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5 Reasons You Need to Know Your Credit Score

According to a survey by The Association of Credit and Collection Professionals, not only do most Americans not know their credit score, but they also have a limited understanding of how credit scoring even works. Itís one little number with such a big impact on our financial lives. Of course our credit score factors into so many areas of our lives, but you might not even be aware of some of the ways it can affect you. The following, for example, are just some of the reasons why keeping an eye on your credit score is an absolute must.

1. New Information Sources Not Previously Used in Credit Reports

It looks like FICO will soon be using two new data sources so that more people can have a credit score.

FICO will be using a national utility database the National Consumer Telecom & Utilities Exchange (NCTUE) database. There are over 70 cable companies, cell phone companies and utility providers who contribute to this database. Your payment history is reported into this database, and if you missed utility payments you could have a negative mark here. The second is LexisNexis, which uses public records to build databases. Specifically, FICO will be using address records to determine how often people move houses as a predictor of risk.

Using these data sources, FICO will be able to determine if you pay your utility bills on time and if you move around a lot. Frequent moves would be viewed negatively in their model.

2. It can help you spot fraud

Monitoring your credit report multiple times throughout the year and keeping an eye on your overall score will help you quickly determine if something seems off. For example, if someone has opened a new credit card in your name, run up a large bill and not paid it off, those changes will be reflected in both your report and your score. The sooner youíre aware of any fraudulent activity, the sooner you can report it and be on the road to recovery.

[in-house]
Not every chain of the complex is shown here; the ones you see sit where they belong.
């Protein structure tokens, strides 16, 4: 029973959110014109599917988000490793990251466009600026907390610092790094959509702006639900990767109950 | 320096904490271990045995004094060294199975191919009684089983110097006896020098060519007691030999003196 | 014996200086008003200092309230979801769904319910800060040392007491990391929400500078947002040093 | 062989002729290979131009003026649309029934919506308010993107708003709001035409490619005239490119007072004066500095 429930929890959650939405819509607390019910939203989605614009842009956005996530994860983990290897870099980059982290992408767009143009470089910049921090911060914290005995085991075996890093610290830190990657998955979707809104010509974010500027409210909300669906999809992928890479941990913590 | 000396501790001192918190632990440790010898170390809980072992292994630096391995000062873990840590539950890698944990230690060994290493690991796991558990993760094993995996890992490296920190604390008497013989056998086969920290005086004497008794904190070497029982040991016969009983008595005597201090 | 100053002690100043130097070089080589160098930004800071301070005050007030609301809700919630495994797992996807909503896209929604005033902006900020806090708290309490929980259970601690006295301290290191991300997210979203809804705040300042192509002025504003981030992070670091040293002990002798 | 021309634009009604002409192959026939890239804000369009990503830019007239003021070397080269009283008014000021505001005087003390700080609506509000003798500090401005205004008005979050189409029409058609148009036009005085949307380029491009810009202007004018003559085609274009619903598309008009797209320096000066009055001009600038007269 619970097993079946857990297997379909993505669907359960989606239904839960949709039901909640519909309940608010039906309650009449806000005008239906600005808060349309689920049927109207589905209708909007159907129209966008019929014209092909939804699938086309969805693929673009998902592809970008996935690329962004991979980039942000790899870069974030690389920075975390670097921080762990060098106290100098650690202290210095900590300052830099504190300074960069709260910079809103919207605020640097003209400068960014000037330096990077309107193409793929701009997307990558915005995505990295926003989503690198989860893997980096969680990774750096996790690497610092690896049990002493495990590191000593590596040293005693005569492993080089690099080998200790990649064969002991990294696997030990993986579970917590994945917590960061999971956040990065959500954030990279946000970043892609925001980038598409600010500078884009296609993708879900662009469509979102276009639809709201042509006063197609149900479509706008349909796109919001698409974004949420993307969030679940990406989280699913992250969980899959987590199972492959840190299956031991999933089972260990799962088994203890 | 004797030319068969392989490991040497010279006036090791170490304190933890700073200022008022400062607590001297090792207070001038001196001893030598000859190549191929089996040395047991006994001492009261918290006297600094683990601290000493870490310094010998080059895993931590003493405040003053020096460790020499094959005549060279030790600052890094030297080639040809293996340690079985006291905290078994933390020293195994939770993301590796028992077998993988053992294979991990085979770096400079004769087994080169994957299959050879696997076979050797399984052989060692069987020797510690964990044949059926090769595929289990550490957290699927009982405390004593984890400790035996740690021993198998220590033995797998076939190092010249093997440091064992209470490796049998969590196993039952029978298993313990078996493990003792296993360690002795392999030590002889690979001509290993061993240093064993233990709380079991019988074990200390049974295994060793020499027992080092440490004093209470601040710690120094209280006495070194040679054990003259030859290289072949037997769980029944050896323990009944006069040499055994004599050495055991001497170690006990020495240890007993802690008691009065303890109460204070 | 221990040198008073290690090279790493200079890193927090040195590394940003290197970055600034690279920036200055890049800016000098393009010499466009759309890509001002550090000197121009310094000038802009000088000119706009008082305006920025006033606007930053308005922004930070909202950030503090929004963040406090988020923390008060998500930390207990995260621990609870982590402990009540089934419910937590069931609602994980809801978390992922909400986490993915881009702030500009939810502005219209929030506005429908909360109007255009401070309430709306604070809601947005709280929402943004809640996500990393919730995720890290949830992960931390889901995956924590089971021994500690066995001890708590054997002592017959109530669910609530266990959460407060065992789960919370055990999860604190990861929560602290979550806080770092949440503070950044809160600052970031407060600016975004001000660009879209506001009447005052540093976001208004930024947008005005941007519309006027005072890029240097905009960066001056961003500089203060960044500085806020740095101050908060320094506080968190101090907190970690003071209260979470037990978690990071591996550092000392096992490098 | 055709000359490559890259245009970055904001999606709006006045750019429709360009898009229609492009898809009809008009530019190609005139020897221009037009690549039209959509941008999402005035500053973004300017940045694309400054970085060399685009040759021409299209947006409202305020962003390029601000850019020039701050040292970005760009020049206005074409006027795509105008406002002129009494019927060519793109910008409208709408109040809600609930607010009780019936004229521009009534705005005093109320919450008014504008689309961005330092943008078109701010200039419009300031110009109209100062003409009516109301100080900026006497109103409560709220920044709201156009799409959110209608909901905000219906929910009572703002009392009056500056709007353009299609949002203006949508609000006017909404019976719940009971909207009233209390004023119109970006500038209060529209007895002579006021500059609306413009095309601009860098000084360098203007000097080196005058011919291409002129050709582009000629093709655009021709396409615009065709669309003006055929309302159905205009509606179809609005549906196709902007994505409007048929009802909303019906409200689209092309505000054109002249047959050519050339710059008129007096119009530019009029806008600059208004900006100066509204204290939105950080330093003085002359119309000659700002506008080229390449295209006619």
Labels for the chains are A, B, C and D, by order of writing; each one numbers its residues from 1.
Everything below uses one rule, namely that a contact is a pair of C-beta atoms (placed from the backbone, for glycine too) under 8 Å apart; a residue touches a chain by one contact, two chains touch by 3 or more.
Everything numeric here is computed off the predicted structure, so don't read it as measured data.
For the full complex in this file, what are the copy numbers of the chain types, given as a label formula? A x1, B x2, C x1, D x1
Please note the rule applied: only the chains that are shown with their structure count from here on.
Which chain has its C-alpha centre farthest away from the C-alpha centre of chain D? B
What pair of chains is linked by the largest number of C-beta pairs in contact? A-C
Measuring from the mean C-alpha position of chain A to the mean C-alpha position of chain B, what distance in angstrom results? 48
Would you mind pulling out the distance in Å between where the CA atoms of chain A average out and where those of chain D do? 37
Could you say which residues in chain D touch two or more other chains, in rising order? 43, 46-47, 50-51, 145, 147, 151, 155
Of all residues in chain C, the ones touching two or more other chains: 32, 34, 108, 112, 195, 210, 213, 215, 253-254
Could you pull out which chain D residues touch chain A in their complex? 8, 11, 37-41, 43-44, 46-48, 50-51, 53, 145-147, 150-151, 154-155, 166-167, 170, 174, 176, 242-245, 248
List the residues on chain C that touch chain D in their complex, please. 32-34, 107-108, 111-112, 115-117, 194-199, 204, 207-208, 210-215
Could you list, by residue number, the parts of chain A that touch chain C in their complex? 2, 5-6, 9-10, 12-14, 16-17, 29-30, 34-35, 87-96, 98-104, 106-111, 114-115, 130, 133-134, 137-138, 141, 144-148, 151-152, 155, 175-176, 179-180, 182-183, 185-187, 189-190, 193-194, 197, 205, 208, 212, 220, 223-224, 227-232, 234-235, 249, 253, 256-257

3. It can cost you money

How can a credit score cost you money? People with low scores are more likely to pay higher interest rates on things like credit cards, loans and mortgages, which can really add up over the months and years. Start working on building your credit up so that you can qualify for better offers, and then look into some of the credit cards out there that offer better, lower rates.

4. It can keep you from reaching your goals

Whether it's homeownership, a new car or paying off debt, the roads to all of these goals start with a good credit score. Lenders in any circumstances will always want to assess your credit risk level, which means they'll be doing their due diligence to look into your credit score and credit history. A low score could mean more time between you and that dream home or more time on the bus before you can afford a car, or it could keep you from being able to borrow money to pay off debt (personal loans and balance transfers are two great ways to start paying down debt, but youíll need a good credit score to make you eligible).

5. It can have an impact on your employment and other things outside of your finances

While it's relatively rare, potential employers can perform credit checks on job applicants, and the better the score, the better you look. Companies may also request a credit history when you move into a new home and try to set up utilities or request an insurance quote, or when you apply for a new apartment. These companies want to gauge how likely you are to pay your bills on time, and checking your credit score and history is an easy way to do so.

Obviously your credit score is important for many reasons, so finding out your number today is a great way to get started. If your number is low, don't fret Ė you can always improve it.

Try 1 month of free monitoring at www.CreditReportsToGo.com - it's simple